Doctors baffled by Sudden Adult Death Syndrome (SADS) in healthy young people
DOCTORS in Australia are developing the country’s first SADS registry after recent incidents of healthy young people dying from Sudden Adult Death Syndrome.
Sudden Adult Death Syndrome, or Sudden Arrhythmic Death Syndrome (SADS), is an “umbrella term to describe unexpected deaths in young people” and this ‘mysterious’ syndrome is said to have left doctors in Australia searching for more answers.
This has led doctors at Melbourne’s Baker Heart and Diabetes Institute to create the country’s SADS registry which they hope to roll out across the country in order to gain more information about this sudden death phenomenon.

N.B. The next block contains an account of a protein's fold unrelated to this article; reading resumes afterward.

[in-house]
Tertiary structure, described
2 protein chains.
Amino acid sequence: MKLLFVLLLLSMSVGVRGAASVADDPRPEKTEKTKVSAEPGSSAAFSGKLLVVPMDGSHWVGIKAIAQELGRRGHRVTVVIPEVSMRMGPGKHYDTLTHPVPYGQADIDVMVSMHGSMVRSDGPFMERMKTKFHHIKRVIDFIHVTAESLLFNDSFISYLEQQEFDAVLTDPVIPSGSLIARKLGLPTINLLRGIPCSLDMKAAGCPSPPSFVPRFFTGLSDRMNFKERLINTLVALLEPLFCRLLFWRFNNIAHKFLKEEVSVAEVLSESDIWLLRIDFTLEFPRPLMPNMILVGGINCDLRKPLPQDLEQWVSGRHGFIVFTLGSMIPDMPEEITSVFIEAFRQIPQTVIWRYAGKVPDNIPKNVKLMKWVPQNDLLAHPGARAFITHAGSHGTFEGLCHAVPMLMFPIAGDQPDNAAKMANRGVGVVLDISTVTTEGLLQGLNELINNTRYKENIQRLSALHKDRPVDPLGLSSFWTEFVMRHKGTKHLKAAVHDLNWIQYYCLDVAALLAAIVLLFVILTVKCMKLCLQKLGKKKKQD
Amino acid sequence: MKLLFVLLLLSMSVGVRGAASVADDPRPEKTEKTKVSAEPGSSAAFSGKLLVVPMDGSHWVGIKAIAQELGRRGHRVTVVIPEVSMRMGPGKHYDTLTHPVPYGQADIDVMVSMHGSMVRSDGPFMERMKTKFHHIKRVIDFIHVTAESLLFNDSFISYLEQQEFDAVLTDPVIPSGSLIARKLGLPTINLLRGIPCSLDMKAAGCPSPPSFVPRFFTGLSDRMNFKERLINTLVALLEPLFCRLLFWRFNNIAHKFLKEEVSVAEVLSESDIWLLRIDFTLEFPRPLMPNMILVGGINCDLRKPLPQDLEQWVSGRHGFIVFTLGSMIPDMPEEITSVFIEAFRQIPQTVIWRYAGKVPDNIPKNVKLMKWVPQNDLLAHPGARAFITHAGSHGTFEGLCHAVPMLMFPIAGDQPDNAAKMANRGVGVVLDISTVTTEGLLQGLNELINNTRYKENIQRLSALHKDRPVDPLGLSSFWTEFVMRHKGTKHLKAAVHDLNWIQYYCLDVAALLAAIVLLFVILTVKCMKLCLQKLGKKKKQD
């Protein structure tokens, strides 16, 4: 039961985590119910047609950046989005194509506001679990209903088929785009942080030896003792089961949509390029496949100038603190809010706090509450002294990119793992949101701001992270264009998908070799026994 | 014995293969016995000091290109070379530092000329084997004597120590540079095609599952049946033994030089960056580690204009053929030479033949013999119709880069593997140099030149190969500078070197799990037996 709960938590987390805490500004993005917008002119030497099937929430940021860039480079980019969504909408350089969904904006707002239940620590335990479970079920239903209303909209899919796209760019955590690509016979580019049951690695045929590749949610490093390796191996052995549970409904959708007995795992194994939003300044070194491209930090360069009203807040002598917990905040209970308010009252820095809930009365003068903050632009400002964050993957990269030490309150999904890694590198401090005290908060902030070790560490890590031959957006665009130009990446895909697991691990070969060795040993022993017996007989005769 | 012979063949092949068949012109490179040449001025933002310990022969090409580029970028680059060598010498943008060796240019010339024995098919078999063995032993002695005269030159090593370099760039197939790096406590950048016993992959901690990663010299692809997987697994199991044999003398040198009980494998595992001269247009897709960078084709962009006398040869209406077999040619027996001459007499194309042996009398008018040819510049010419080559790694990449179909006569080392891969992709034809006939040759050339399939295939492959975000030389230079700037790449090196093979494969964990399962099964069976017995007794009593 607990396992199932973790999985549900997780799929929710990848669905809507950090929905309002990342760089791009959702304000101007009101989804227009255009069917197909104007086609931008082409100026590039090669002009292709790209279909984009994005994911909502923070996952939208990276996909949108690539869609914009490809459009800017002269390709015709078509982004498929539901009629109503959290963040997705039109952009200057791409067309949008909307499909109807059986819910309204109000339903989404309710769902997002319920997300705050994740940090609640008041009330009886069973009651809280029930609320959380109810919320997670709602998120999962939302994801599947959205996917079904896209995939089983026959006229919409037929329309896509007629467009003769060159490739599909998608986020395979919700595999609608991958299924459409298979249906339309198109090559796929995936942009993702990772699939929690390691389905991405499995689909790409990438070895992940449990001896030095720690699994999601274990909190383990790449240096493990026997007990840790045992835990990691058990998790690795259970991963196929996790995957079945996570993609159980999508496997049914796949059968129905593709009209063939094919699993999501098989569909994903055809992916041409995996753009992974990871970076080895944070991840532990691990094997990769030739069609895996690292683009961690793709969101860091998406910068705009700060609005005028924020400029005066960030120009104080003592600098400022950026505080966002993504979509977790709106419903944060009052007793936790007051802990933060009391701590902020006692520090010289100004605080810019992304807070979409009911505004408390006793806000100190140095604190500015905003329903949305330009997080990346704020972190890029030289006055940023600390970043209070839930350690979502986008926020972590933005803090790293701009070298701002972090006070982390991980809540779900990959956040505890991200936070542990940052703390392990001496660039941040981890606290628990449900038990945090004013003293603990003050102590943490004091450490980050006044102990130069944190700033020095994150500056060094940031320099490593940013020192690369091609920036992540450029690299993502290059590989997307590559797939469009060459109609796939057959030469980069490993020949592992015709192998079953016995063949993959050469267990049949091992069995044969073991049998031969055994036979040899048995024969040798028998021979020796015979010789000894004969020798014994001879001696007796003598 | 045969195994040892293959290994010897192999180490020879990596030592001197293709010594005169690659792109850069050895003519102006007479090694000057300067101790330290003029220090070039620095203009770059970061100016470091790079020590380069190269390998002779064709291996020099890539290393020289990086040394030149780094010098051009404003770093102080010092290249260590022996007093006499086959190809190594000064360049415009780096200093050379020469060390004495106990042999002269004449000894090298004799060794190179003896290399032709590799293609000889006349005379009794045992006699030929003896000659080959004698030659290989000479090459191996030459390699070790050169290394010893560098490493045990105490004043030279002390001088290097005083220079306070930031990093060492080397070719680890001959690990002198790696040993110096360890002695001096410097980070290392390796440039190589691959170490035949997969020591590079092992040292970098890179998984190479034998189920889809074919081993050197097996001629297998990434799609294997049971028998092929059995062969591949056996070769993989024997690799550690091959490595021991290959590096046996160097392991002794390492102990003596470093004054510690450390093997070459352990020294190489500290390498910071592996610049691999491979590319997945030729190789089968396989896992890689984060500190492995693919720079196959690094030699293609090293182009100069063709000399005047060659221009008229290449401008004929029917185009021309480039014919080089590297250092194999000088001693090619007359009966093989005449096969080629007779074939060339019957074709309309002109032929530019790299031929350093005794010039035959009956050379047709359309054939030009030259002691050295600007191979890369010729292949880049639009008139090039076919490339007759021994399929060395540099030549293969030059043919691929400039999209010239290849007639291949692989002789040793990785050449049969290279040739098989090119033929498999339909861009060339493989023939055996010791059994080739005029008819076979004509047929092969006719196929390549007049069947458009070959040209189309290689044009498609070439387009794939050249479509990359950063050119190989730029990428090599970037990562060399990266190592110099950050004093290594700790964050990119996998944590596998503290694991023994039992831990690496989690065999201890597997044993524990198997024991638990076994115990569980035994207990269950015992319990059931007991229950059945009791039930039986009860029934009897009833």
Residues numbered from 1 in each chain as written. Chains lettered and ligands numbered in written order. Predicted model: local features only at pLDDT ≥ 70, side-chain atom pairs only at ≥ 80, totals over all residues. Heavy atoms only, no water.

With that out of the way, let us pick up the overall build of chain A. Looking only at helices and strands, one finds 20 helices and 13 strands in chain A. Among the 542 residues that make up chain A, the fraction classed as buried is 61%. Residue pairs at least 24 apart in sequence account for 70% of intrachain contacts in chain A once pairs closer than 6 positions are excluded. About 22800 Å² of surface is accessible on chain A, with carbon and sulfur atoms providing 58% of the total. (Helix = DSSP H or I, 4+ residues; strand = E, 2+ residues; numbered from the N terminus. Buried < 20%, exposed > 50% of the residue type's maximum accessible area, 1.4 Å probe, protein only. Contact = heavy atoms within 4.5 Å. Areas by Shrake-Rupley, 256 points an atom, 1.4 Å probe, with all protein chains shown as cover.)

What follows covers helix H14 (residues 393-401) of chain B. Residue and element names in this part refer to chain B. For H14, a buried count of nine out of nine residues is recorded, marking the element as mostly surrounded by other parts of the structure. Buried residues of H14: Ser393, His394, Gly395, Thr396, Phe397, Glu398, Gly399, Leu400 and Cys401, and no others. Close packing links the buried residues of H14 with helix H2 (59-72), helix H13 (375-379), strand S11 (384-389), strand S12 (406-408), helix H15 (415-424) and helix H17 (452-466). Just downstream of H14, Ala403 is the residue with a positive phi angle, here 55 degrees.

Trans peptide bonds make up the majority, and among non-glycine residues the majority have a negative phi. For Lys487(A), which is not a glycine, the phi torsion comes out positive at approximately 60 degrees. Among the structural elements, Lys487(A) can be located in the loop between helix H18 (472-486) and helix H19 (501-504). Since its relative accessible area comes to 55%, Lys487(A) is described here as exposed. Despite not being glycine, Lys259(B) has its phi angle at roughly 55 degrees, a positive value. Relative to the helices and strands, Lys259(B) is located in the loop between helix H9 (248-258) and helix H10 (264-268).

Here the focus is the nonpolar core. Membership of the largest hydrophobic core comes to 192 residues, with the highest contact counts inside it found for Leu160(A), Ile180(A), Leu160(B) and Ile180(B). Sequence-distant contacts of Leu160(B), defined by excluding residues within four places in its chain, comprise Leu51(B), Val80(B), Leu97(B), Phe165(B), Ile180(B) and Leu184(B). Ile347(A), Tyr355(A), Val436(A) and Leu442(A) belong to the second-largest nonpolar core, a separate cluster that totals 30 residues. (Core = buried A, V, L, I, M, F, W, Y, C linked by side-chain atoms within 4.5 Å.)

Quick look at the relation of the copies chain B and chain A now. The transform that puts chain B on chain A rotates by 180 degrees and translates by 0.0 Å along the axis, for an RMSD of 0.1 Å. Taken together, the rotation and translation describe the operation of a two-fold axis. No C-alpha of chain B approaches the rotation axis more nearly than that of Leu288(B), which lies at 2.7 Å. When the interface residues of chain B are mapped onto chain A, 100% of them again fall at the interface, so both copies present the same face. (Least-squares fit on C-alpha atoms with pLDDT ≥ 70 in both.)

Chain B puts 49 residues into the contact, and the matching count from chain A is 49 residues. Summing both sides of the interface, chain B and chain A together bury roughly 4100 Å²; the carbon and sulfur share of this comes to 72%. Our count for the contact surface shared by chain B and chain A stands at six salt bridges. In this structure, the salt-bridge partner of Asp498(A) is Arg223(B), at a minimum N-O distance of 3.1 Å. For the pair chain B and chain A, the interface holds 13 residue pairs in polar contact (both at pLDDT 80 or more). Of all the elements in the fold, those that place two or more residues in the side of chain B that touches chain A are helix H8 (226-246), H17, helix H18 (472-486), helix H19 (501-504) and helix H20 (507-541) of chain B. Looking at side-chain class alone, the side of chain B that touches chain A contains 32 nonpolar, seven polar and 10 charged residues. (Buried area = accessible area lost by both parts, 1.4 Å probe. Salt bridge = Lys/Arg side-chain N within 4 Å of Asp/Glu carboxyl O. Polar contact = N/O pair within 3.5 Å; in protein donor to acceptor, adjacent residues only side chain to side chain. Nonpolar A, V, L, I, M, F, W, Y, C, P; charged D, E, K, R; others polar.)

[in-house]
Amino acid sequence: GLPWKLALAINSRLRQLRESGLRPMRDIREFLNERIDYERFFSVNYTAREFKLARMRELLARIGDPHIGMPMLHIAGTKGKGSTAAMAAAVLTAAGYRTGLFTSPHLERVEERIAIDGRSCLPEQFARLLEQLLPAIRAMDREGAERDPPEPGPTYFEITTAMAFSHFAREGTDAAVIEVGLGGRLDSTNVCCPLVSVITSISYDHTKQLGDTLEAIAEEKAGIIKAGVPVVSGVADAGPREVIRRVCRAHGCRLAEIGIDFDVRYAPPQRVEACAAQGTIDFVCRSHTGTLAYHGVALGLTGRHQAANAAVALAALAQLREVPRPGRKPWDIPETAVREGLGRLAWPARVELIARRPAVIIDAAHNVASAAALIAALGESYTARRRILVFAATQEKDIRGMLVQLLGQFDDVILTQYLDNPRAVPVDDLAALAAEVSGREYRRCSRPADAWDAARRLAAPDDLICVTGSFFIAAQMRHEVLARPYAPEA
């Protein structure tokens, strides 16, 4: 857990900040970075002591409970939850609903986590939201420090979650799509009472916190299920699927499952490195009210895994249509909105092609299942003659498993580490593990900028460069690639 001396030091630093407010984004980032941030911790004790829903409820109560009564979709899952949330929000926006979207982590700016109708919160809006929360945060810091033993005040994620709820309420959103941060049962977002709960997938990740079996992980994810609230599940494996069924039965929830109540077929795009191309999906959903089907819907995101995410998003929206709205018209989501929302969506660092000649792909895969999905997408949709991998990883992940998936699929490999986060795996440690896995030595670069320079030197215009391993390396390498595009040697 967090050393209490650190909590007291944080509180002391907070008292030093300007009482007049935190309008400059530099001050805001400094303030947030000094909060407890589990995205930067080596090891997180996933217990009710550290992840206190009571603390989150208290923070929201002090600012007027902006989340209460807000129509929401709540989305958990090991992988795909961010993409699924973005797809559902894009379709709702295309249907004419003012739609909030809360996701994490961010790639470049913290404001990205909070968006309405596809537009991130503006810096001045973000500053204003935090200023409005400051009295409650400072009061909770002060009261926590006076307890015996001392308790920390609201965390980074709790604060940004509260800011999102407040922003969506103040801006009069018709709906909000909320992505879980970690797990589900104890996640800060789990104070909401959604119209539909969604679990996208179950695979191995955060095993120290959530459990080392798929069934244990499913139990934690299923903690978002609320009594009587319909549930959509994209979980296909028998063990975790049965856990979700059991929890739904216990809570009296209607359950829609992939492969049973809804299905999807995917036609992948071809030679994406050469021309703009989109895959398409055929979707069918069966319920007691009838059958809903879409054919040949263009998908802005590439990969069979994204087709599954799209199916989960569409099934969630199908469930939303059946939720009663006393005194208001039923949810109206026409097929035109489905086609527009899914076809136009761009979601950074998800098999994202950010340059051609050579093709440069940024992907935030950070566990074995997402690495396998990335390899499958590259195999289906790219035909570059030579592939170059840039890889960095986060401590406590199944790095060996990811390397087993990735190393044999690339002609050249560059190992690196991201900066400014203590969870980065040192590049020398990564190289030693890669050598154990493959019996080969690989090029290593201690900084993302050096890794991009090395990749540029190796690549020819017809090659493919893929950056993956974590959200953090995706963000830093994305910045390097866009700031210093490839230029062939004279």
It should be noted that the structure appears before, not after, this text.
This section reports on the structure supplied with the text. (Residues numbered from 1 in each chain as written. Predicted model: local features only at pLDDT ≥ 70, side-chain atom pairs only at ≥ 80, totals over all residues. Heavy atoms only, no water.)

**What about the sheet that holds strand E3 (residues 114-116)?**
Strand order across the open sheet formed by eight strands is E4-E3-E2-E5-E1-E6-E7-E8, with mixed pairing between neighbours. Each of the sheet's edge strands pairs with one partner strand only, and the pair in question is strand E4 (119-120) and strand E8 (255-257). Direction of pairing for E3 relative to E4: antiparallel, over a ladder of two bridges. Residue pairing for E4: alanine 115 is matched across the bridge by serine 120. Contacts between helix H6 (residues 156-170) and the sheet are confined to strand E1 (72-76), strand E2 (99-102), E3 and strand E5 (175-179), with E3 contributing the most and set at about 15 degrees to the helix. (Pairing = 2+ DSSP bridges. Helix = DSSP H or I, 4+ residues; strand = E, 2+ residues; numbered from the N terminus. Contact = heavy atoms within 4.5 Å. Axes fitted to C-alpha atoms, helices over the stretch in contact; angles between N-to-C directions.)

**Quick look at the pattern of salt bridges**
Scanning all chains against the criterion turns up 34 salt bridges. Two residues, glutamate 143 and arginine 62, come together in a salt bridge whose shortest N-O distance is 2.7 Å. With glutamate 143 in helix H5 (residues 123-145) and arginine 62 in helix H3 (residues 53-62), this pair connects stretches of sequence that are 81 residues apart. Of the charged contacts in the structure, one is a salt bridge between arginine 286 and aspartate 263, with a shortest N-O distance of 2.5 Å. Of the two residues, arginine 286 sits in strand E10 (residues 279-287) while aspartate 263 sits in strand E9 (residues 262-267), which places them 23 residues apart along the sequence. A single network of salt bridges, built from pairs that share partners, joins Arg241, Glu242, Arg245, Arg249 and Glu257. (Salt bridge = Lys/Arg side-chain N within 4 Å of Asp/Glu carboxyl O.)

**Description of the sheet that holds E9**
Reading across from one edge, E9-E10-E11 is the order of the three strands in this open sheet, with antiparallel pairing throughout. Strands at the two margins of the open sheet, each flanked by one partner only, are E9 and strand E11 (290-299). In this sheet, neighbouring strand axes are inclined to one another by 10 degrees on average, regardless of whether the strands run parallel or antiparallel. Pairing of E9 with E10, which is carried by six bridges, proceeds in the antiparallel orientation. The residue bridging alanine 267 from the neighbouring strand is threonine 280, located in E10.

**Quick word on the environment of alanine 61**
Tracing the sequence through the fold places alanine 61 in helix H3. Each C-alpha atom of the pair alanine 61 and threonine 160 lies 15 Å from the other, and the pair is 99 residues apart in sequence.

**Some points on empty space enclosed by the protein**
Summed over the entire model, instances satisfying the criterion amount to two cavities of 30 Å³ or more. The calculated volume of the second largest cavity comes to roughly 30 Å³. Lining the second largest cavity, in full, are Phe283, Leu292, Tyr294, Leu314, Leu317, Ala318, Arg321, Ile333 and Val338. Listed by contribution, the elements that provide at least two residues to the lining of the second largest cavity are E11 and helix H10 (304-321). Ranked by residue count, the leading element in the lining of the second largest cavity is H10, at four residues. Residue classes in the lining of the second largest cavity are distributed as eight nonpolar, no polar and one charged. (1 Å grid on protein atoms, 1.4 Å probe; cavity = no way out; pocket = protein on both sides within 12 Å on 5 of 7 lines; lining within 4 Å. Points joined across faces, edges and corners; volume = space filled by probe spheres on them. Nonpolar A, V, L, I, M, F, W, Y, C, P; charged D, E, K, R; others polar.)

“In our registry, there are approximately 750 cases per year of people aged under 50 in Victoria suddenly having their heart stop (a cardiac arrest),” a spokeswoman said.
“Of these, approximately 100 young people per year will have no cause found even after extensive investigations such as a full autopsy (the SADS phenomenon).”
According to the Royal Australian College of General Practitioners (RACGP), SADS usually occurs in healthy adults under 40 and the term is used when a post-mortem can find no obvious cause of death.
As reported by news.com.au, cardiologist and researcher Dr Elizabeth Paratz said Melbourne’s Baker Heart and Diabetes Institute registry: “[allows you to see] people who have had the cardiac arrest with no cause was found on the back end.”